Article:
Saturday, August 05, 2006

3 This Week 

Anthony Kaun Hai?

After his first two movies (Pyar Mein Kabhi Kabhi, Shaadi Ka Laddoo) bombed, Raj Kaushal took the Sanjay Gupta route. Pick a Hollywood thriller—at least he picked a suitably obscure one (Who is Cletis Tout?—shoot it stylishly, enlist a big star’s support, and hope it works. Actually it hasn’t worked too well with Gupta, but you can’t hold Kaushal’s optimism against him.

A small time hood Champ (Arshad Warsi) in Thailand, takes on the identity of a dead Anthony Gonsalves to escape from prison, and finds that a hitman Master Madan (Sanjay Dutt) has been sent to kill him. Now to save his life he has to convince the killer that he is not Anthony, and make the story sound interesting to the movie-mad assassin. (In the original he was called Critical Jim—funny!)

So there is a series of convoluted flashbacks—even stuff that is not really needed, like Champ’s broken romance and the songs he sang—which involve diamonds stolen 15 years ago, a magician (Raghubir Yadav) and his daughter (Minissha Lamba).

The story meanders on for too long, and it looks as if the director was trying too hard to be cool, instead of getting on with the crucial business of keeping the film moving. For example, a humming cop (Gulshan Grover) must sounded cute to him, but is merely annoying on screen. And a coroner called Lashwani (Ravi Baswani)—eeks! And ‘cool’ is not a trait that can be copied— you either have it, or you don’t. Sanjay Dutt has it, so his small role has zing. Minissha Lamba doesn’t have it, and Arshad Warsi (in a non-Circuit kind of role) is getting there. And what can you say about a director who can’t even think of a title on his own!

The film comes together in the last 20 minutes or so, and the reason for making the cop a film fan is justified. That and the glossy, classy look makes it a cut above this week’s other two dismal releases.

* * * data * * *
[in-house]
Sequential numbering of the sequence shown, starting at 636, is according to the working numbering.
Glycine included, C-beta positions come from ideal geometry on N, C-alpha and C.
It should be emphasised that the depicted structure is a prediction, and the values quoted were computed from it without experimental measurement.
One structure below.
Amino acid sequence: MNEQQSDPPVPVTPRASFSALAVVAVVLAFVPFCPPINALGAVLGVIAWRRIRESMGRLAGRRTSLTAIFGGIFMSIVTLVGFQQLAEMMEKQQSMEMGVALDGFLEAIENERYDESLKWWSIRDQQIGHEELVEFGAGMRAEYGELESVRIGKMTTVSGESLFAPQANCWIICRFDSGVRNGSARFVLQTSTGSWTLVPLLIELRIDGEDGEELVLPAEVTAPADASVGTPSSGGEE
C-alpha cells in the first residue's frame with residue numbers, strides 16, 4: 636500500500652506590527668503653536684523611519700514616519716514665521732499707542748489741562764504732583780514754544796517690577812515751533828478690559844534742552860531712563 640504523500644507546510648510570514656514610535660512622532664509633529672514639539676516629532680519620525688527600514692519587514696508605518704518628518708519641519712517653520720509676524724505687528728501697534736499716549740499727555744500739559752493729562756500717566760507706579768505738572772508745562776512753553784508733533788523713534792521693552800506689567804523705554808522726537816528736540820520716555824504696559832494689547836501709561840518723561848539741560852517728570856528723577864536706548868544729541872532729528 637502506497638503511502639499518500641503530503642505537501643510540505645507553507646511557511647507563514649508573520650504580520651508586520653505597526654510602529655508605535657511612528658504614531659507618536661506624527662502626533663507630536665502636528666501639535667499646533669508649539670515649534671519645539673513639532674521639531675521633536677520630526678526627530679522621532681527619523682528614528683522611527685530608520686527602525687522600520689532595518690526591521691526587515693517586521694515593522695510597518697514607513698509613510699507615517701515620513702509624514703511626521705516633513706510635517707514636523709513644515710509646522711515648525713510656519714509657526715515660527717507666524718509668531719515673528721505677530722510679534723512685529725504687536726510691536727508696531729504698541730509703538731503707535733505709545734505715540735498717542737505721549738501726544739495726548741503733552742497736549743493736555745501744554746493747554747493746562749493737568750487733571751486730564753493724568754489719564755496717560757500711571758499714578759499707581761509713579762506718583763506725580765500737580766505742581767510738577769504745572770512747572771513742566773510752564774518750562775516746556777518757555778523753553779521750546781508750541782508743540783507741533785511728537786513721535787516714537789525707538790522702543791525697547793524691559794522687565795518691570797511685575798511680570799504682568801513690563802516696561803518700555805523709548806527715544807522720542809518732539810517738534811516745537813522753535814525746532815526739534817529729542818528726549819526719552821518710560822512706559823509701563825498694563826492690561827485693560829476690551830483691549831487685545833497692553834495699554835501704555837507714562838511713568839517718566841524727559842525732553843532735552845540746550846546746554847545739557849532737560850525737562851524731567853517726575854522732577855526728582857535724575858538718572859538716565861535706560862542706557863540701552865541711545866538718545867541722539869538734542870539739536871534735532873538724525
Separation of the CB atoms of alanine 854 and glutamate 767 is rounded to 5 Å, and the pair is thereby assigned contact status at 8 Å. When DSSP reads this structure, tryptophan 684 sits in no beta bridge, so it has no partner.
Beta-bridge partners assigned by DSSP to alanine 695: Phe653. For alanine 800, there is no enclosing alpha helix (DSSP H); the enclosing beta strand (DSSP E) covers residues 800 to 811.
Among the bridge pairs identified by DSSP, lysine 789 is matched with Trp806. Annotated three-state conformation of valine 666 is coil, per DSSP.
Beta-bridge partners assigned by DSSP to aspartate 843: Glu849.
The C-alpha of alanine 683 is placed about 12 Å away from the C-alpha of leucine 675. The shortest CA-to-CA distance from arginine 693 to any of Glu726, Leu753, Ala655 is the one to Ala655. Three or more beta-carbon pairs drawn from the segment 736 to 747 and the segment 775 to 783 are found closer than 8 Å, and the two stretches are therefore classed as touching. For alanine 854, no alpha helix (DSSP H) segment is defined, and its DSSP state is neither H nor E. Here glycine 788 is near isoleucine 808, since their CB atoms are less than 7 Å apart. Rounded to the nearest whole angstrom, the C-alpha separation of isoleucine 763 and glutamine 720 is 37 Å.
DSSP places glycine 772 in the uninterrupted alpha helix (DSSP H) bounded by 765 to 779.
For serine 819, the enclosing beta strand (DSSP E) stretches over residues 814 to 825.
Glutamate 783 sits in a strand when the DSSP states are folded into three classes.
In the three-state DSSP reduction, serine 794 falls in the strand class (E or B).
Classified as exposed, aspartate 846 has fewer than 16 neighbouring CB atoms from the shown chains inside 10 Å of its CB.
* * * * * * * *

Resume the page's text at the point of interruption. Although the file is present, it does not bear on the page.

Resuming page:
Darwaza Bandh Rakho

Satya star Chekravarathy turns director with Darwaza Bandh Rakho, which could compete for the dubious honour of being one of the worst films to come out of the Ram Gopal Varma factory—the kind of film which makes you wonder why it was made at all. Unless the aim was to provide employment to all the RGV faithfuls.

The home of a down-on-his luck stockbroker Kantilal Shah (Ishrat Ali) and his family, is picked as the hideout of four first-time criminals who have kidnapped a builder’s ditzy daughter (Isha Sharvani). At first she is thrilled to be part of this drama, but then she realizes the situation is serious.

However, this is not a gangster drama, it makes a weak attempt to be a comedy. The novice thugs (Aftab Shivdasani, Chunky Pandey, Snehal Dabhi, Zakir Hussain) , armed though they are, remain nervous as hell. And every time the doorbell rings, yet another hostage is added to the crowd in the Shah’s bungalow—a pizza delivery boy, the maid’s constable husband, a shampoo salesgirl (Manisha Koirala), a creditor and so on. Meanwhile Isha’s father has taken off to America and seems to be in no hurry to rescue his daughter.

The time the gang is forced to spend with their hostages leads to other subplots-- romance, subterfuge and regrouping of beneficiaries of the ransom money. For the climax, the director relies on old faithful, It’s a Mad Mad Mad Mad World.

Intermittently, Chekravarthy realizes the film is supposed to be funny, and puts in cheap little gags like a vet giving a sick man a horse injection in the butt. Compared to this puerile level of humour, the bit about one of the kidnappers going weak-kneed at the sight of the salesgirl somewhat amusing. But you can count the laughs on your fingertips.

Shaadi Karke Phas Gaya Yaar

Shaadi Karke Phas Gaya Yaar simply does not belong to this age! Such idiotic marital tales in which men are advised to keep wives in check by slapping them regularly deserve to be pelted with rotten eggs, but for that a futile visit to the theatre would have to be made, and it’s just not worth the effort.

In this tedious film directed by KS Adhiyaman, Ayaan (Salman Khan) from a traditional family, marries Ahana (Shilpa Shetty) from a liberal (read degenerate mother!) family, and she finds it hard to adjust into a joint clan. It is a perfectly valid social problem, that needs a wise and compassionate approach, not Adhiyaman’s sledgehammer like melodrama, that turns the wife into a baby making and baby-feeding machine. Ayaan tells his wife that she has to give birth to his baby, feed her for two months and then leave! The film makes a complete hash of legal and medical procedures too.

But worst of all, there is so much of this regressive family junk already on television, who needs a big screen version, that too with Salman fans cheering when he slaps or insults a woman. It doesn’t help that ‘modern’ women are painted a complete ogres, who ought to have been slapped by their husbands and controlled, because a woman’s place is in the kitchen. This is 2006, but the makers of the film seem to be referring to last century’s calendar.


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